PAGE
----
Our server, Damir, was helpful and a pleasure to be around. He understood my need and worked hard with Jana and the kitchen to make sure my meals came out at the same time as the rest of the table. This was a struggle on some nights, but they were aware and working on it. The kitchen is stocked with gluten-free bread and flour. So, many traditional items (sandwiches, French toast, pancakes, etc.) are available. I avoid all grains but rice when I am traveling, so I was slightly more limited and declined to eat the bread and flour-based items. Despite my more restrictive diet Jana was able to work with the kitchen each day to find something for me to eat that was interesting. I did eat a lot of steamed vegetables and plain meat – salmon, mahi mahi, flank steak, filet mignon and ribs. But I was also to have the seafood Newberg revised to meet my needs. Instead of the Newberg sauce they made a lemon butter sauce and put it over rice.

They were willing to go the extra step to help me enjoy my meal. As for dessert, the cream brulee and chocolate melting cake were my go-to items. Although, they did have other gluten-free choices. While dining room service was very good and accommodating, the room service and buffet offerings were off limits. I was specifically instructed not to order room service and as a rule I do not eat off buffets (too many changes for cross-contamination). So, on the ship my meals were restricted to what I brought onboard and eating in the main dining room. Know this ahead of time – eating is not a whenever-you-want-it-option unless you have a large stash of food in your cabin.

Chocolate Melting Cake

I was pleased with the attention and consideration that I was given by the dining room staff. They were genuinely concerned for me and they went out of there way to try to make my meals fun and interesting. It was not a perfect situation but the service was great and the food was better than expected. Tip your servers, maitre d’ and Jana. They deserve it.

Celiac Awareness Month: Ten Things Everyone Should Know

May is Celiac Awareness Month.

As you may have read, I have celiac disease and I talk (and write) about it a lot. It is a huge part of my life – it controls everything I eat, where I eat it, the medication I can take, and even what sunscreen I can wear. In my many discussions about celiac disease with friends, family, servers, colleagues, grocery store clerks, doctors, nurses, and others, I find that people are usually very interested in knowing more about celiac disease.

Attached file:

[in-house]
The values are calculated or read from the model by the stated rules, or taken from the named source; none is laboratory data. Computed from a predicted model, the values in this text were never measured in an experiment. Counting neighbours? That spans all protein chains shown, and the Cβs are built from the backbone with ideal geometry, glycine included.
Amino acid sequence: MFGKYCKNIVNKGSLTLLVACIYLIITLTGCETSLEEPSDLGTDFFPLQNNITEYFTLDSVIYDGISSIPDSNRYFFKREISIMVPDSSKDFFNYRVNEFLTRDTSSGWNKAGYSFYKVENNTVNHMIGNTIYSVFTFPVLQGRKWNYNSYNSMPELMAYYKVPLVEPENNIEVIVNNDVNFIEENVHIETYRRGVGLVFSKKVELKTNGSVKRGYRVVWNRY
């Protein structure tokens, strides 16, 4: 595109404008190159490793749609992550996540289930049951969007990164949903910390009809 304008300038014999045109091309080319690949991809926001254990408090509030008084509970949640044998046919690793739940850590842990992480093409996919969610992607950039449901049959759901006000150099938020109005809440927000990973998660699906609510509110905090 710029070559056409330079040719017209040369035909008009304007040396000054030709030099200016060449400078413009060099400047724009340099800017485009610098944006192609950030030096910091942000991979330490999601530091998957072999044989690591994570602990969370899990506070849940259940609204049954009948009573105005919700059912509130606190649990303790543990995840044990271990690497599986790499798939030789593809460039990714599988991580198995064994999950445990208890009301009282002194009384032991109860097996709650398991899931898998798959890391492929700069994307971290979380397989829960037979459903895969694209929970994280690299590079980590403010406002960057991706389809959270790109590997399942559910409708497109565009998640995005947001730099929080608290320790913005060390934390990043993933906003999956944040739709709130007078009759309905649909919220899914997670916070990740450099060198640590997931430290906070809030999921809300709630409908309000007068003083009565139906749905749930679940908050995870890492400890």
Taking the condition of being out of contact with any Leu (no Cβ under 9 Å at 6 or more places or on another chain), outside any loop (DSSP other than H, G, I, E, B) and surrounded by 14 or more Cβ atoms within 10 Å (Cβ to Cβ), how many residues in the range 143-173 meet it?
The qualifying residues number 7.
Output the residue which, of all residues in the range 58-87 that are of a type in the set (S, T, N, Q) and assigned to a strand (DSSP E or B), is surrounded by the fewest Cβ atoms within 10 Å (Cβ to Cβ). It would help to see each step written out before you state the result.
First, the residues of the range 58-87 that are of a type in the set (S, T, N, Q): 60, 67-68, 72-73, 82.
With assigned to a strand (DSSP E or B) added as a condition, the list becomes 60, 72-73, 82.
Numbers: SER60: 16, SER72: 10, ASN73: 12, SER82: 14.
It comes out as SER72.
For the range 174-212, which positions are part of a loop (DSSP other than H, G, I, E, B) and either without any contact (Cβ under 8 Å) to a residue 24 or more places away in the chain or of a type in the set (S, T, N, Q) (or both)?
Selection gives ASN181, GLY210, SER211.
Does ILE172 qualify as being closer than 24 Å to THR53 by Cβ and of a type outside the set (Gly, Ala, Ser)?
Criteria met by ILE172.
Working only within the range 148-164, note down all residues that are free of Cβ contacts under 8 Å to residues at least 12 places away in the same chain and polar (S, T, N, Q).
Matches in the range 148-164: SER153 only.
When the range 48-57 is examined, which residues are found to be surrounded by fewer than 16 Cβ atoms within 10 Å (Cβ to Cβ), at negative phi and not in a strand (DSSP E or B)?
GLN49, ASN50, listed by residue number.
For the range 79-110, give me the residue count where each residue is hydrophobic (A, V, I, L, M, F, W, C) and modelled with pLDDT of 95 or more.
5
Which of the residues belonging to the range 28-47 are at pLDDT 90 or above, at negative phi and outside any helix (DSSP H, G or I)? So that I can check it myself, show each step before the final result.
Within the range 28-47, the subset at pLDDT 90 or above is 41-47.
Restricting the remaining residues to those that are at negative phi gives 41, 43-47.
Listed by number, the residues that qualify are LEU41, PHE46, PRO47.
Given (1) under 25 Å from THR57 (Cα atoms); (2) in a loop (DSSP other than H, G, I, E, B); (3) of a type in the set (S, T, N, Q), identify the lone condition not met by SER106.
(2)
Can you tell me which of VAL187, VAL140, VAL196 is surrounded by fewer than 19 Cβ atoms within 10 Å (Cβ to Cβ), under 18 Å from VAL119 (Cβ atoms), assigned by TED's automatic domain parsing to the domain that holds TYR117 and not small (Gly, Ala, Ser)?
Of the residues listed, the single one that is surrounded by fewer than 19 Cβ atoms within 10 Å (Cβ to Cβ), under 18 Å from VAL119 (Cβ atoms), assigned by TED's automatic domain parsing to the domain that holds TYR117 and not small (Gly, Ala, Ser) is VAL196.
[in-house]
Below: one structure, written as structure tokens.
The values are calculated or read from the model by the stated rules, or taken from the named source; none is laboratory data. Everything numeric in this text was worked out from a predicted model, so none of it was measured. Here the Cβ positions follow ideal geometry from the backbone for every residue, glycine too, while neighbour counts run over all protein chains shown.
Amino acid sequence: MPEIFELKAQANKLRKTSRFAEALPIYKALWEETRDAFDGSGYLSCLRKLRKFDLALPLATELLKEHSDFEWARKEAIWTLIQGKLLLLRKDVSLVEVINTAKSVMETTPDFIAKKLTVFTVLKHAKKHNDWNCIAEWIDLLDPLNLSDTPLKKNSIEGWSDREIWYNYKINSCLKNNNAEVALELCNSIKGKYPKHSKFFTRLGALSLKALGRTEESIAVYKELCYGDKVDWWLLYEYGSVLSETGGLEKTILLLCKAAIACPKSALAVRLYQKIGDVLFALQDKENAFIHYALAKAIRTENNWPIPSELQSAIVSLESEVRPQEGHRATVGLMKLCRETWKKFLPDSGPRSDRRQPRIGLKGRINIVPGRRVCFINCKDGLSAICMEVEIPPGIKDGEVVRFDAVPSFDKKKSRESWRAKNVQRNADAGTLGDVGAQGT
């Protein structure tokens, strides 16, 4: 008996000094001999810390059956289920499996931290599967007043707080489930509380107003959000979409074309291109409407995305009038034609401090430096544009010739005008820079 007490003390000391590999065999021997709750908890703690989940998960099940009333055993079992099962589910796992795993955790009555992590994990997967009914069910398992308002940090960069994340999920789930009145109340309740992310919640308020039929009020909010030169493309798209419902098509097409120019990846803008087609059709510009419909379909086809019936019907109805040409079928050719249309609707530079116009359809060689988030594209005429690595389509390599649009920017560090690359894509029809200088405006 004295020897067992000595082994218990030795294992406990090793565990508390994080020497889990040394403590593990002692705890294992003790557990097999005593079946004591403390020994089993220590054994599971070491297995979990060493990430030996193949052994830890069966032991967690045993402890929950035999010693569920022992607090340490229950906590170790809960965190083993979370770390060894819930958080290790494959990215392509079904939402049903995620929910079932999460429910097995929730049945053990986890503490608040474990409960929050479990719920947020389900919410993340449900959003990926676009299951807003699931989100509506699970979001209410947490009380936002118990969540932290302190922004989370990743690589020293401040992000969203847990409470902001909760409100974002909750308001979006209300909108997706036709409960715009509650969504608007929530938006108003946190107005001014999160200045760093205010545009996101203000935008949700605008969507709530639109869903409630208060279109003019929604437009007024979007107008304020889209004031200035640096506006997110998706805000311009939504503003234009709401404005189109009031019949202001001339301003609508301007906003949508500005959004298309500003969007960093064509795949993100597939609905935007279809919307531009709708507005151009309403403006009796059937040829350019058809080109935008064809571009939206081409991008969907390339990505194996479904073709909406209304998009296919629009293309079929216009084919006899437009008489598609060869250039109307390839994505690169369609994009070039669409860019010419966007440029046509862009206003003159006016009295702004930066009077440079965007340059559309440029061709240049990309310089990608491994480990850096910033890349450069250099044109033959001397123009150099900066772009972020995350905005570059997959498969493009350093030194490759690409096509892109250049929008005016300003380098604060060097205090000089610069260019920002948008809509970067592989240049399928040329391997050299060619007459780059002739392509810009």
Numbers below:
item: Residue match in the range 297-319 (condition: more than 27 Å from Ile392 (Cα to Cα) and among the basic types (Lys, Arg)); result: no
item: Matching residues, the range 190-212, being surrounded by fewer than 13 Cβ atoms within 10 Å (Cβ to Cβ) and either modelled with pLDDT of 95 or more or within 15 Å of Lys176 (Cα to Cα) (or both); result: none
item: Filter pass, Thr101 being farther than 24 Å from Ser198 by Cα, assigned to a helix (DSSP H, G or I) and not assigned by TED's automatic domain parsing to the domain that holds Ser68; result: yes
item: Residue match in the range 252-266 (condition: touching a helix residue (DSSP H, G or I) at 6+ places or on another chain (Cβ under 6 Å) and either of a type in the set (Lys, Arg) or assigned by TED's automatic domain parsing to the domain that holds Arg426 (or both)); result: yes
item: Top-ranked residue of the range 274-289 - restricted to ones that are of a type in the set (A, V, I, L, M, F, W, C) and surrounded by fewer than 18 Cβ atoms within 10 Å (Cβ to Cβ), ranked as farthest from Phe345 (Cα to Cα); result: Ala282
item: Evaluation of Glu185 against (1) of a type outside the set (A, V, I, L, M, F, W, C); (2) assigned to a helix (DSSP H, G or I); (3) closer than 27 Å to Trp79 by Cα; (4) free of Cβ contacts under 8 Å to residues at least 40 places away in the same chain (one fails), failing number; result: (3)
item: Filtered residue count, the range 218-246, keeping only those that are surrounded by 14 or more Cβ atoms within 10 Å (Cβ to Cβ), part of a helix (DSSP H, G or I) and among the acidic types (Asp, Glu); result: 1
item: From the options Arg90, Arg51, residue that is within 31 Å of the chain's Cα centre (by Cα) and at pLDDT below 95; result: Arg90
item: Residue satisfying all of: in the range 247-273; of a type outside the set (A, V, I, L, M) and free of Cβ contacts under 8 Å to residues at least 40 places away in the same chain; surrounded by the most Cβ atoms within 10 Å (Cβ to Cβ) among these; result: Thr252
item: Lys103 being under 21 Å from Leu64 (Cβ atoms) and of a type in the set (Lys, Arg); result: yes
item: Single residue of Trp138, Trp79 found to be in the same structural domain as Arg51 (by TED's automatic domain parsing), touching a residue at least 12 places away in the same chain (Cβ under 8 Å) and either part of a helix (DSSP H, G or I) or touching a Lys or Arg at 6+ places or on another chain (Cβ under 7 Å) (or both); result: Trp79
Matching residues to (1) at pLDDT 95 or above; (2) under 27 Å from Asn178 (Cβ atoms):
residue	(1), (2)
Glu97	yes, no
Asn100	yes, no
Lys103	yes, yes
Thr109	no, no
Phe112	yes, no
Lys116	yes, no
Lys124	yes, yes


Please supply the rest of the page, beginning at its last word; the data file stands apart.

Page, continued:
So, in the spirit of increasing awareness, I offer my list of ten things everyone should know about celiac disease.

  1. Celiac disease is an autoimmune disease. When people with celiac disease eat gluten it causes an immune response and their immune system attacks and damages their intestines. This damage stops the body from absorbing nutrients properly. Celiac disease is not an allergy or an intolerance to gluten.
  2. Celiac disease is genetic. In order to develop the disease you must have the HLA-DQA1 and HLA-DQB1 genes.
  3. One in every 133 people has celiac disease. Many have the disease and do not know it.
  4. Celiac disease has more than 300 symptoms, affecting many different parts of the body, these can include chronic diarrhea, skin disorders, and infertility. These symptoms often subside after a gluten-free diet is instituted.
  5. Celiac disease diagnoses requires a blood test and biopsy. In order to properly diagnose a person with celiac disease the person should be eating gluten, have a blood test, and a biopsy of the upper intestine. If the blood test and the biopsy are positive the person has celiac disease.
  6. The only treatment for celiac disease is a gluten-free diet. Gluten is a protein found in wheat, rye, and barley.
  7. The intestinal damage caused by celiac disease can heal over time if gluten is eliminated from the person’s life. A person with celiac disease can never safely reintroduce gluten into his or her diet.